Customer Review

43 of 47 people found the following review helpful
2.0 out of 5 stars I'm not sure I get it, 6 April 2009
This review is from: Love in the Time of Cholera (Paperback)
Having made it an ambition of mine to read the BBC's top 100 books (from 2003) I found myself anticipating Love in the Time of Cholera. I had heard from various sources that it was a really good read, though as one reviewer describes it, a book that the reader has to connect with and feel more than some others mentioned. I do understand why some people think that it is such a great read but truthfully I found myself bored to tears. As it was one of the books I had most anticipated reading I felt I had to finish it, and I'm glad I did as it does improve, however the majority of the book charts the history of a couple that never was. Part of what annoyed and bored me about Love in the Time of Cholera is that it is not really a love story - Daza rejects Ariza when they are young and he just cant get over it so ends up screwing his 14year old charge when he is 60. Even this slightly shocking event is made dull and acceptable and even mundane with the novelist acting as though it is perfectly normal for a child to sleep with her supposed guardian. I thought i was getting a love story but found at the end that I really did not want Daza and Ariza to get together, they just didnt seem suited!
I know that this will go against the grain and possibly be an unpopular review due to this but I felt that a balance of opinions is necessary so that future readers dont feel as I felt when I finished it - that I was not getting it, that I was lacking in the intelligence or literary smarts to understand and see the point of this novel.
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Comments

Tracked by 2 customers

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Showing 1-8 of 8 posts in this discussion
Initial post: 30 Nov 2010 23:15:21 GMT
danae says:
dont you ever think that you lack the intelligence or literay smarts, its the flavour you got, the taste in your mouth you didnt like.
which is fine. its your opinion and its precious and valuable.
i love gabrile garcia's writing,
but I also found really disturbing that incidence with the 14 year old. I was deeply socked and disgusted. I was very young at the moment and that only added to my negative feelings.
however, so many years later I think that this book talks about the love stories we keep alive in our life, unable to live them or live a satisfying reality. they are a substitute to our reality and our reality is a substitute for that fantasy world.. living in that limbo , our whole life can pass without actually living anything.

Posted on 11 May 2011 18:59:59 BDT
[Customers don't think this post adds to the discussion. Show post anyway. Show all unhelpful posts.]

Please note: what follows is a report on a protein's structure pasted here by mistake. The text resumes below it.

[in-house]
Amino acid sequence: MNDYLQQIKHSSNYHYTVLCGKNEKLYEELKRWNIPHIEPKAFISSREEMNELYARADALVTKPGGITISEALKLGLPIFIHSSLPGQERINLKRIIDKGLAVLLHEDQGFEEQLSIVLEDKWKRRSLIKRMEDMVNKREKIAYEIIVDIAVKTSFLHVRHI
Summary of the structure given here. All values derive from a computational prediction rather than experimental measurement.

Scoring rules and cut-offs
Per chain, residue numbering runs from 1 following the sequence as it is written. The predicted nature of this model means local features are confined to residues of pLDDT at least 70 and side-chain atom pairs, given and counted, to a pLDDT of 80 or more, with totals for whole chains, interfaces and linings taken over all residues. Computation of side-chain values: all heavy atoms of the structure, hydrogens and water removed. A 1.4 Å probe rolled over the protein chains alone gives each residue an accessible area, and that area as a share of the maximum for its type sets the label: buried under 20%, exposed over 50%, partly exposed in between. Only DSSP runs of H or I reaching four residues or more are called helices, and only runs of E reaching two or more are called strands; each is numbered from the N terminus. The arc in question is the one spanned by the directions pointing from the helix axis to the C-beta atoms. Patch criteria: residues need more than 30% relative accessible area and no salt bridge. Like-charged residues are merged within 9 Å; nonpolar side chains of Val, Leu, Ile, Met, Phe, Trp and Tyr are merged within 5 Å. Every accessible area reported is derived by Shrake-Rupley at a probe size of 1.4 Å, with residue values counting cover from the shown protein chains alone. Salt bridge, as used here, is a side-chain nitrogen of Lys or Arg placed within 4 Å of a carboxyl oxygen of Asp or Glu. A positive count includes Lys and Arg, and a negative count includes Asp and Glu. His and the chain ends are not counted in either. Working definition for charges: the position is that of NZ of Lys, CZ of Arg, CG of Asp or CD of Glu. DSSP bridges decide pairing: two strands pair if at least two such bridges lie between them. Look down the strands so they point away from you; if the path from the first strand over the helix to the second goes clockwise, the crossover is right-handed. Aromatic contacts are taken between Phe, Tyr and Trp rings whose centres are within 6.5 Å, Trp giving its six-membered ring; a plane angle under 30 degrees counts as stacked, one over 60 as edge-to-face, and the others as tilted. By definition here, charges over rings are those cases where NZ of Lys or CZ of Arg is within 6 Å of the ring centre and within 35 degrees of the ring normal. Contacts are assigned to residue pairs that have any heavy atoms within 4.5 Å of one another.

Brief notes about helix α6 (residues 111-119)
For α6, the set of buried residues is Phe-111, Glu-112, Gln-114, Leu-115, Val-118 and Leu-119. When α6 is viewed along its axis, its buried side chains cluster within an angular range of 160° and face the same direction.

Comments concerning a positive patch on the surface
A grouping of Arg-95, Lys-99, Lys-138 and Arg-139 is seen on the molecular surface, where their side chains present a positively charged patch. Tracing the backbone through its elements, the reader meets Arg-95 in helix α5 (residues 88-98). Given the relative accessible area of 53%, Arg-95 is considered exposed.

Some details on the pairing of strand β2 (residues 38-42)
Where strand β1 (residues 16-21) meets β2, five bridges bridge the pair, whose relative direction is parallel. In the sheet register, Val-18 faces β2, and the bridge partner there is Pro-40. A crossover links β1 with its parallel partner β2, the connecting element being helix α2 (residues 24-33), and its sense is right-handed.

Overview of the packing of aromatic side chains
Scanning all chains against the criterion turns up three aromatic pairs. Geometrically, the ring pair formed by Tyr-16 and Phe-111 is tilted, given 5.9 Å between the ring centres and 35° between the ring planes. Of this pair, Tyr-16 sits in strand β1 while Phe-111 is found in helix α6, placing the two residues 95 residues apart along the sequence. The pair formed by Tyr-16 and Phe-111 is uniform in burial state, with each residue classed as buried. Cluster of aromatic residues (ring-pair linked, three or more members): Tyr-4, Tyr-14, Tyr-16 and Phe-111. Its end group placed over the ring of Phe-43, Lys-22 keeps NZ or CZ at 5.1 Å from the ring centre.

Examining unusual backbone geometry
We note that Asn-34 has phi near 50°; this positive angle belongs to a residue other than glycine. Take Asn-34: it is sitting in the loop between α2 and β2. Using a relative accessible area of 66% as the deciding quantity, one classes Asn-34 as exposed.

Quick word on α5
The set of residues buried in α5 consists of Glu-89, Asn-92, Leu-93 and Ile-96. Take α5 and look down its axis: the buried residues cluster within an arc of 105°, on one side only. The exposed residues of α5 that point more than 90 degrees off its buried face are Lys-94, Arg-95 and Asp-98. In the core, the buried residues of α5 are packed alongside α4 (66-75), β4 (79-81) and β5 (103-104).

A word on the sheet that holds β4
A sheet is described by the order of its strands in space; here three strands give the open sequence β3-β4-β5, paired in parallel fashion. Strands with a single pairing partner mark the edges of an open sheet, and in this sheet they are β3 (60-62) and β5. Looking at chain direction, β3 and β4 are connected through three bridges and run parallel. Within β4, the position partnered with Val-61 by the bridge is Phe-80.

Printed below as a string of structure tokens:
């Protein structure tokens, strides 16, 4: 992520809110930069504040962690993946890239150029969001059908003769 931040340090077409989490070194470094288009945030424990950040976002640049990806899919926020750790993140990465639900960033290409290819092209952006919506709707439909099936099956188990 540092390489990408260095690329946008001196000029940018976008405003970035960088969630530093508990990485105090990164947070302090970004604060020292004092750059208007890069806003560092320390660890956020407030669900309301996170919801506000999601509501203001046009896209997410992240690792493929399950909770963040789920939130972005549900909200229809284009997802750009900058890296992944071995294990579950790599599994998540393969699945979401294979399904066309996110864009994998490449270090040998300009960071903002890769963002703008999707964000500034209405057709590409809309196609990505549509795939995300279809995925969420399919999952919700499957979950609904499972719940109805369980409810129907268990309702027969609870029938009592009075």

In reply to an earlier post on 29 May 2011 09:42:59 BDT
S. Vincent says:
I too have antcicipated reading this book for a while, and indeed started it a couple of times. One of most annoying things, is that it doesn't clearly state where or when the action is set -you are aware that you are in the Caribbean area but the rest is left to supposition. I agree with mrslavendereye that the love story isn't really there - a long, boring read which I am detern=mined to get to the end of as I hate not finisheing books, but sorr- it didn't do it for me either.

Posted on 26 Sep 2011 15:34:46 BDT
Vixey says:
I actually agree with this review. I starting reading the book for the same reasons, and had high hopes for the story given the great reviews. I too did not engage with the book and found it rather boring.

Posted on 2 Oct 2011 17:11:10 BDT
Sue says:
I totally agree a hefty book, with no discernable breaks to lighten the load. Ariza is a completely unlikeable character, so whether you like the style of writing or not, it is a complete chore. I am glad I am not the only one who has no idea where it is set.

In reply to an earlier post on 16 Feb 2012 11:54:31 GMT
Danny Sigma says:
I think that the placing in the BBC top 100 has led a lot of people (often through book groups) to read this novel when perhaps otherwise they might not have done. Though I entirely respect your point(s) of view, GGM is never going to write a 'conventional' love story. For likeable characters and/or a spiritually uplifting message, people might be better sticking to Paolo Coelho and the like. For a warts and all examination of the human (and particularly the male) psyche, GGM's your man.

In reply to an earlier post on 20 Mar 2014 11:52:49 GMT
tobykin says:
I was about to order it as I was also recommended this book but have now decided against it. I think that the fact the the guardian 'ends up screwing his 14year old charge' really puts me off. Whether it is to do with my lack of intelligence or unable to appreciate the 'great literature' I don't really want to read it. Thanks for the review.

Posted on 9 Jun 2014 15:09:21 BDT
PennyD says:
I found this book tedious in the extreme. Agree with above reviewer that casual acceptance of paedophilia is hard to swallow, and felt little sympathy for or involvement with any of the characters.
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